Ok, so no-one wants to admit that their
cat has fleas but they do pick them up! They are virtually everywhere,
waiting in carpets, on other animals and wall-cracks. As soon as your cat
walks by, they are eager to hop on, start feeding and laying their eggs.
The eggs fall off, hatch and the viscous circle starts again. In severe
cases a flea invested cat can get anaemic. It can also develop a flea
allergy caused by the saliva of the flea. This can be very itchy and makes
your cat very uncomfortable. The cat might start to plug out its fur and
develop sore patches and dermatitis. Fleas are also known to spread
Sprays and spot-on drops are available to actually kill the fleas living on your cat. This is very effective and you use them once a month to keep the problem under control. When you have a housecat, it is usually enough to treat the cat with a spot-on product or spray until the fleas are gone and keep the cat on a preventive product which stops the eggs from hatching. If you have other animals like dogs in the house, who might bring in fleas from outside, you may consider to use the spot-on method on a regular basis though.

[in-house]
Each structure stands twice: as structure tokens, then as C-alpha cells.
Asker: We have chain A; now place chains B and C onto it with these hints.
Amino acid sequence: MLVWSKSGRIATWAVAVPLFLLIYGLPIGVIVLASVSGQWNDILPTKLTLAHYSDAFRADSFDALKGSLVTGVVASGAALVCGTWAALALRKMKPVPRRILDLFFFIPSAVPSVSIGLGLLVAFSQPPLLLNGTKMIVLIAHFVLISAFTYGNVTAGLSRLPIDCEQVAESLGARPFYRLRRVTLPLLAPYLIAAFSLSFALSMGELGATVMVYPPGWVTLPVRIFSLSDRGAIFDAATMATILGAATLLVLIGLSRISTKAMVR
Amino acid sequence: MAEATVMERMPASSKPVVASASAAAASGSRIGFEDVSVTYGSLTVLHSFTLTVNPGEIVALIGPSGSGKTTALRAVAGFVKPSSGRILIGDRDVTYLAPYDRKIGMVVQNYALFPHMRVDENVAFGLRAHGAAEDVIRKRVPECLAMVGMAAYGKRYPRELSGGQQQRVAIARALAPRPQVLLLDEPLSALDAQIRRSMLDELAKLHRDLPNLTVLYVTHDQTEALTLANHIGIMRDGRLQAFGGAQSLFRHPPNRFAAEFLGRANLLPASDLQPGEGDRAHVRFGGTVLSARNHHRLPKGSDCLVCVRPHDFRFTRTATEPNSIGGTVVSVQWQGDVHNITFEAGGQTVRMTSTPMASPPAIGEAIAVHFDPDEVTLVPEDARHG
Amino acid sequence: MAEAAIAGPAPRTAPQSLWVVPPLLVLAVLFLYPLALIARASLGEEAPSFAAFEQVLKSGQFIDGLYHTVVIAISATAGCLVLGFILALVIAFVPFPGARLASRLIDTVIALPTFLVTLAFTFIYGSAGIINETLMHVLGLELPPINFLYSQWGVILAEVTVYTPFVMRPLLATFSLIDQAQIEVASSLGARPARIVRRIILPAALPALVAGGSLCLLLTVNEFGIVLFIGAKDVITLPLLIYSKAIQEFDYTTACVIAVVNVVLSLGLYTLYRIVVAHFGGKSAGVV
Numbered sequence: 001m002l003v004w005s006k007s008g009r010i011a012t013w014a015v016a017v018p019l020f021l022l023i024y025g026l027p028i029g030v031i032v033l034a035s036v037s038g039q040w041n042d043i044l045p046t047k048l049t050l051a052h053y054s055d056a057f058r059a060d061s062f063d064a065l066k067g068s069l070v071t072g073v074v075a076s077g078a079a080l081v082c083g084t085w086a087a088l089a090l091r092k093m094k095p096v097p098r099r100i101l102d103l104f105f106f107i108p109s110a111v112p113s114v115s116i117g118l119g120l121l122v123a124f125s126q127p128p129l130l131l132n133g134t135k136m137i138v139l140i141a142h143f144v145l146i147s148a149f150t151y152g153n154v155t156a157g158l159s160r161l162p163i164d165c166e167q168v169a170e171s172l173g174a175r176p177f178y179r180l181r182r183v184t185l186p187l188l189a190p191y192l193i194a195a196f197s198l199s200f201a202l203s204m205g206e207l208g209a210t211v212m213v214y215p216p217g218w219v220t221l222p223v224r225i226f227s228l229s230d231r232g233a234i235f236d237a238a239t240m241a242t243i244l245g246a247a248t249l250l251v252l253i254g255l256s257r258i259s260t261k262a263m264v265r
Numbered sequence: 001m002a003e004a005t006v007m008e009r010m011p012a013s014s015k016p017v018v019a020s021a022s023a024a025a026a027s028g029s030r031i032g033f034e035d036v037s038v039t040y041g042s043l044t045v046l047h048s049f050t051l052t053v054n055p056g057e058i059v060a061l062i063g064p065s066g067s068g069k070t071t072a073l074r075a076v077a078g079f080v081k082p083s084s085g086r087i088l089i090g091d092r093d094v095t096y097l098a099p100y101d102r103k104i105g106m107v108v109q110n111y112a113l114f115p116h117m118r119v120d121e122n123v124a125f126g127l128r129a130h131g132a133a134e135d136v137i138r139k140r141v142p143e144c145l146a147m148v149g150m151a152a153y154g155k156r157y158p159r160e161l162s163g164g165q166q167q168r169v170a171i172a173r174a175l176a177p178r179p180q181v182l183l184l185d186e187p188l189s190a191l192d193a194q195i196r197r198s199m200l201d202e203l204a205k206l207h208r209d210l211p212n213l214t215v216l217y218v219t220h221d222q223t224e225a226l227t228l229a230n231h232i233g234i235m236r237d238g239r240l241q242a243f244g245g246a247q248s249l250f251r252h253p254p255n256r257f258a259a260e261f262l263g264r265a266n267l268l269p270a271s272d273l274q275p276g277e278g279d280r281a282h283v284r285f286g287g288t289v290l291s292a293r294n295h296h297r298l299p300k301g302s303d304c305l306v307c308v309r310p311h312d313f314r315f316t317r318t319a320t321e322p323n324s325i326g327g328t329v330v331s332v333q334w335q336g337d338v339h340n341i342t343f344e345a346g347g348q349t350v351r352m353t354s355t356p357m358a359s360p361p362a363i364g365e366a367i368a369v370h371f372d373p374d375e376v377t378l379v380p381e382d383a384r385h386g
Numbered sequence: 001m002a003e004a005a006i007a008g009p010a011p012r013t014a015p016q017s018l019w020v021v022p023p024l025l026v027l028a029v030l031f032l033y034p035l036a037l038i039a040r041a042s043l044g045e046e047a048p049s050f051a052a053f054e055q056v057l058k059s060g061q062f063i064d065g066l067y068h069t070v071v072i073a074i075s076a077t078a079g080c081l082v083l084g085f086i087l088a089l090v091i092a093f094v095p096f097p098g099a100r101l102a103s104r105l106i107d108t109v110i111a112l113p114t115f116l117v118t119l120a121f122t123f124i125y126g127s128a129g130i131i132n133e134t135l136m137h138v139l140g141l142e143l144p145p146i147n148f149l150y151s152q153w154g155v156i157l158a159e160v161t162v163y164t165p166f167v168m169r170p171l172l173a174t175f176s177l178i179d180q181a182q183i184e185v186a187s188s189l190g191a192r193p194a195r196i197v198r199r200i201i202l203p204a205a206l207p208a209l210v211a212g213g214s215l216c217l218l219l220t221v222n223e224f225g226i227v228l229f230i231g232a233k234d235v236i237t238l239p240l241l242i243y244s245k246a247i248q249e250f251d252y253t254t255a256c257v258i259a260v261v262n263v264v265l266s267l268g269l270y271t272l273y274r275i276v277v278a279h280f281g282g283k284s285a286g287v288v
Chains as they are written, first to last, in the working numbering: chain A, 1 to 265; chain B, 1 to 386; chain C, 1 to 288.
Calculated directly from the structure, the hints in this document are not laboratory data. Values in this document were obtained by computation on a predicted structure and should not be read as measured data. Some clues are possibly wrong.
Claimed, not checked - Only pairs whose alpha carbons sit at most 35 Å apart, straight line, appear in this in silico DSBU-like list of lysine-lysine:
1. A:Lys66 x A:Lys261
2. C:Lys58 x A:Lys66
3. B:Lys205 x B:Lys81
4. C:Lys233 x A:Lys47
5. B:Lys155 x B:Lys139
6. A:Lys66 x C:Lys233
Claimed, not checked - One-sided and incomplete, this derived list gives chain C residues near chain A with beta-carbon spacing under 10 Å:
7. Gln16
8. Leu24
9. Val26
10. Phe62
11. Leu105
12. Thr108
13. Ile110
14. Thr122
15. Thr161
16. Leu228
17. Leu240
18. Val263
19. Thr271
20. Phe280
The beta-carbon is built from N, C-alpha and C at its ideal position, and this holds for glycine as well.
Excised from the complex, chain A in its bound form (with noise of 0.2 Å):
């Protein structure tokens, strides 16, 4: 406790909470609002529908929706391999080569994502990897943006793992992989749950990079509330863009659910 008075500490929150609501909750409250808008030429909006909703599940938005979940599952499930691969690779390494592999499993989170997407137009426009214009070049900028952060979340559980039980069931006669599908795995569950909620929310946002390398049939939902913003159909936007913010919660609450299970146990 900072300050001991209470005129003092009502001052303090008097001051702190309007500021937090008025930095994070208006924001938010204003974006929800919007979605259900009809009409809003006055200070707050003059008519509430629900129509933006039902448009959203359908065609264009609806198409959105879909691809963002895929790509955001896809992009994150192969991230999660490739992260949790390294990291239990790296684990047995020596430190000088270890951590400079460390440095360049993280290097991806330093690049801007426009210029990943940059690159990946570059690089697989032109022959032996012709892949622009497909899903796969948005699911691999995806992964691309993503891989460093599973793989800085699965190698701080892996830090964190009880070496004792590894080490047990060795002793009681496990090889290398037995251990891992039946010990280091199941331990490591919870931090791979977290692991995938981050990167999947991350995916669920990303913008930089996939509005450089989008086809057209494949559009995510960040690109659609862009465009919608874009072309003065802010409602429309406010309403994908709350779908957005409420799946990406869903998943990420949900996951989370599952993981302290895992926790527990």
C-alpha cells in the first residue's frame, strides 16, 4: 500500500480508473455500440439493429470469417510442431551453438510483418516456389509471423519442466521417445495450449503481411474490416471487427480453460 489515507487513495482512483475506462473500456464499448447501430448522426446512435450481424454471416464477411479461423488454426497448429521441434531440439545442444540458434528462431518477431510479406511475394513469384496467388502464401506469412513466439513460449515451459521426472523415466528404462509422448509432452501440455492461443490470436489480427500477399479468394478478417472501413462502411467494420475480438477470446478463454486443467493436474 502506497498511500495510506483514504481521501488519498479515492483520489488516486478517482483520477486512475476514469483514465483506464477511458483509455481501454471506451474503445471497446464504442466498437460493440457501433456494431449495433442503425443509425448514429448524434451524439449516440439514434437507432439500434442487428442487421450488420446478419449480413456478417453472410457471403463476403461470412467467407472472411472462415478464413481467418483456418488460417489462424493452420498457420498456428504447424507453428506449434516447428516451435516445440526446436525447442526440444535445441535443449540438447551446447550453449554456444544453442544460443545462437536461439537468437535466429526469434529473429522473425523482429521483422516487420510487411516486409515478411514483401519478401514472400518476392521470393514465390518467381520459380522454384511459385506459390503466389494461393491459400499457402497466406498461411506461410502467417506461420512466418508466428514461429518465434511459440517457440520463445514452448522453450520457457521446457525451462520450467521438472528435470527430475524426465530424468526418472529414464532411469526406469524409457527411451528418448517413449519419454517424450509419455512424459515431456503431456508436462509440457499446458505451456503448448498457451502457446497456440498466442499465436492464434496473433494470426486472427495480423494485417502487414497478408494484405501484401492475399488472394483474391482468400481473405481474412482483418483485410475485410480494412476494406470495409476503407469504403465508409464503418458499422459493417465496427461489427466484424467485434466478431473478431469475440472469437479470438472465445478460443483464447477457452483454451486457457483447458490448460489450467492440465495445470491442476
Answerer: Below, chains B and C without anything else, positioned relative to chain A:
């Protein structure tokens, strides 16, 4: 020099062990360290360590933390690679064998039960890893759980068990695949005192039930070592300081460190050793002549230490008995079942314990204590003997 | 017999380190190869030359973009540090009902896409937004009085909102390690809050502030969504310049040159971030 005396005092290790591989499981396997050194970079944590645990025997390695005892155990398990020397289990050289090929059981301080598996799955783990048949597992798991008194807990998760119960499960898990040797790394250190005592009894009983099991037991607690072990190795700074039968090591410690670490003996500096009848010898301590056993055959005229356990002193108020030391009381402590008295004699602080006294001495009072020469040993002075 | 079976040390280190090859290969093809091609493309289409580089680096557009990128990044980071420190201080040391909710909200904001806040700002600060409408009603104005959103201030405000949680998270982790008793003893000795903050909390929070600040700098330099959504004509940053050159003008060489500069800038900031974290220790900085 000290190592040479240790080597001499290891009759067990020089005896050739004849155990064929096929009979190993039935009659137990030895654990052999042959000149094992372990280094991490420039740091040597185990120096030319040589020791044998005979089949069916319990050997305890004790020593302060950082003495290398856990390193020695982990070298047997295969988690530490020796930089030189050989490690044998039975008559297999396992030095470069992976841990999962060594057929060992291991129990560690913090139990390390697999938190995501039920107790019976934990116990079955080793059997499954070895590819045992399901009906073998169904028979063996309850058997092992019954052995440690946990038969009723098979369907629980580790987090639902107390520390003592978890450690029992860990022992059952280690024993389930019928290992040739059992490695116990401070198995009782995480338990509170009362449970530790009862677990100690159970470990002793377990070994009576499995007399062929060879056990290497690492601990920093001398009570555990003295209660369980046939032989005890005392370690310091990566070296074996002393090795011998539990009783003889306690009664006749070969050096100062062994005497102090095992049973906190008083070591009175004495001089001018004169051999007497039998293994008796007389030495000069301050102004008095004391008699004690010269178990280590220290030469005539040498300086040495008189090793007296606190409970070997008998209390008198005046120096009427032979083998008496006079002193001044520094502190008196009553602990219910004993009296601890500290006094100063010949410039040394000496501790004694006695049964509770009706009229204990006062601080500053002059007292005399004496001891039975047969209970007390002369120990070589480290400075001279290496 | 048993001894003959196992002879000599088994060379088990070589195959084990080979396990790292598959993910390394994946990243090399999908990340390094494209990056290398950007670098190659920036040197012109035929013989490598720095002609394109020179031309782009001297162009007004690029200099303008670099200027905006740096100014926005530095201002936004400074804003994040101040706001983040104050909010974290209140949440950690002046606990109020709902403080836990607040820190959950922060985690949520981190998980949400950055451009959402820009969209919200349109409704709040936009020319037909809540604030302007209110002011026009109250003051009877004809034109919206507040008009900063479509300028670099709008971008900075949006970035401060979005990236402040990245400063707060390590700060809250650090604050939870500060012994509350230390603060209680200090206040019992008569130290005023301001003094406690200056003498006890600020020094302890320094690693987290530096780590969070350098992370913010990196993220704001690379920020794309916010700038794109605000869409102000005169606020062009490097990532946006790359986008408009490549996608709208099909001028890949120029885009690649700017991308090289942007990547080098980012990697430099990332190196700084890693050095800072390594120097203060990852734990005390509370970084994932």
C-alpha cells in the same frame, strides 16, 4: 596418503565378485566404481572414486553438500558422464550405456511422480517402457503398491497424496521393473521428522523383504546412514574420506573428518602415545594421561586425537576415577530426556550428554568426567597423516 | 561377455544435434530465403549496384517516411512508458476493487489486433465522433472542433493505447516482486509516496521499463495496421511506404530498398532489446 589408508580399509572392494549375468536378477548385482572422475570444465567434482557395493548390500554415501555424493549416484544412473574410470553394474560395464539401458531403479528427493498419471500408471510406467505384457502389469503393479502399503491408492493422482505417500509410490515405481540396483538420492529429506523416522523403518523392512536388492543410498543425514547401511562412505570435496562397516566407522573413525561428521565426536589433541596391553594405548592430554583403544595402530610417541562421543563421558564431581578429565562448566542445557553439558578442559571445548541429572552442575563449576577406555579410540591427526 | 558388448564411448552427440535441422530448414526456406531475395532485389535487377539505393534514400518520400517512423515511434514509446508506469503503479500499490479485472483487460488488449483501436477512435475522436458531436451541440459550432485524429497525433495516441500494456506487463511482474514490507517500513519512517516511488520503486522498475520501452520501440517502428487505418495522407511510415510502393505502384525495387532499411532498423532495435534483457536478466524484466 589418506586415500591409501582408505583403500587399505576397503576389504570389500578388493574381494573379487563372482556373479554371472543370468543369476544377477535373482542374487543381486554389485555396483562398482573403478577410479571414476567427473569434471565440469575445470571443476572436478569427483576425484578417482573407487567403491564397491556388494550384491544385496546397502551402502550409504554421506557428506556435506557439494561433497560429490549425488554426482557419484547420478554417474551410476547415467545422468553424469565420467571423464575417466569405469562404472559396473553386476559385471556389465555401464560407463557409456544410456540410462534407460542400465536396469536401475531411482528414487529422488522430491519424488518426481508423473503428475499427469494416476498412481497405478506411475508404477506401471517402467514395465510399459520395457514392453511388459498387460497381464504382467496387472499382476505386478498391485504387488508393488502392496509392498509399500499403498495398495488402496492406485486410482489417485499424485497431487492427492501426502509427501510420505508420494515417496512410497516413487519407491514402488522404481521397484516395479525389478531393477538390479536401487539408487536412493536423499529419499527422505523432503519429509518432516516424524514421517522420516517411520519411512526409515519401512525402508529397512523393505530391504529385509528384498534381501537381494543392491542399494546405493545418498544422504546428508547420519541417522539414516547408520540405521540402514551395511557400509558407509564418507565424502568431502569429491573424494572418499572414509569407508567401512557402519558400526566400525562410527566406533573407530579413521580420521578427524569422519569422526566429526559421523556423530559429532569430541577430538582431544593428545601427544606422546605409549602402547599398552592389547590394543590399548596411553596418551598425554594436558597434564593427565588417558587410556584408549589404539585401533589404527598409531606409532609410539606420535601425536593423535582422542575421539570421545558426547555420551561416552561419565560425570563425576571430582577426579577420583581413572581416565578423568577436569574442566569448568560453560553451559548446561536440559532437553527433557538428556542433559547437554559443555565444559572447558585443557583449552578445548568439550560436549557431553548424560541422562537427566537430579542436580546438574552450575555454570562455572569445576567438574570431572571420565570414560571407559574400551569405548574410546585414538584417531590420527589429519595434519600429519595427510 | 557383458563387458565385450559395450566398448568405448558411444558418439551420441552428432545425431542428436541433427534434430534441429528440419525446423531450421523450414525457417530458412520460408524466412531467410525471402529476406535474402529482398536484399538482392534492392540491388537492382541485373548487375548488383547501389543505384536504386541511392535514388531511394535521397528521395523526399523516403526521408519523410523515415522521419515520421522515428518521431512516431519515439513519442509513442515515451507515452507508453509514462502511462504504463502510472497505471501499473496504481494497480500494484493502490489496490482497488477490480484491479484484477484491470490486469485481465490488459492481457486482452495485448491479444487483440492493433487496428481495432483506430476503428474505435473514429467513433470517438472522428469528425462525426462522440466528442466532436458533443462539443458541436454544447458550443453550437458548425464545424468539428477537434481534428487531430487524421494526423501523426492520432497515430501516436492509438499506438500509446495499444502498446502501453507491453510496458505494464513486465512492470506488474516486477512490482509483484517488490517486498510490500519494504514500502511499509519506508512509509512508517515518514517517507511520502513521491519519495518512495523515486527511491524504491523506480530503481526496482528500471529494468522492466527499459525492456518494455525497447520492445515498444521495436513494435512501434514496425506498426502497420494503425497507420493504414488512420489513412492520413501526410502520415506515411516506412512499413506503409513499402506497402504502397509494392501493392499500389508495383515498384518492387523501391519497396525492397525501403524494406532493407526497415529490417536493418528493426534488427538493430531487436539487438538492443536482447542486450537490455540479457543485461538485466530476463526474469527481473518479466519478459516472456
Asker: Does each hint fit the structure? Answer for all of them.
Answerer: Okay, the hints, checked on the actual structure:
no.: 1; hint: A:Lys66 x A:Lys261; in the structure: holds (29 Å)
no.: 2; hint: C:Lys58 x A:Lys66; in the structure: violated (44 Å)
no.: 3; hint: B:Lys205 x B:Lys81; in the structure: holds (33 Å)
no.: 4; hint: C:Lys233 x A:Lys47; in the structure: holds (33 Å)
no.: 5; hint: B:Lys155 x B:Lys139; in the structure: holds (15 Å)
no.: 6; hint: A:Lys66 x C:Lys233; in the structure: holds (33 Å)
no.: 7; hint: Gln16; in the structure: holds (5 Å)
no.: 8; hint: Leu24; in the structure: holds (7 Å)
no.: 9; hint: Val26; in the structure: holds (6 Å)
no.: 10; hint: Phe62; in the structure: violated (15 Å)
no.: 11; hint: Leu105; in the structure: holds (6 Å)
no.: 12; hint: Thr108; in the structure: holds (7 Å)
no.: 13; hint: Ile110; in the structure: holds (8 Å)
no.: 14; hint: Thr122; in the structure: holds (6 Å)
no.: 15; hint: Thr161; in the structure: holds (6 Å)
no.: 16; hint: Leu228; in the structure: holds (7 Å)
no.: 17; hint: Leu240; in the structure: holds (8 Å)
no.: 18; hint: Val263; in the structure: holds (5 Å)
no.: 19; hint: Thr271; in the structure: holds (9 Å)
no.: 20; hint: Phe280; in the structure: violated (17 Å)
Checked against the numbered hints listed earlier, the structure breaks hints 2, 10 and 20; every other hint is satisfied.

You can also use special flea collars on your cat which repel fleas to a certain extent. If you are using this method, check the cats' neck regularly as some cats can develop an allergic reactions to the substance in flea collars.
Regular vacuum-cleaning can help a great deal in flea prevention and you should also wash and treat the bedding of your cat on a regular basis. there are sprays available which are specially made for the home environment but never use these products on your cat!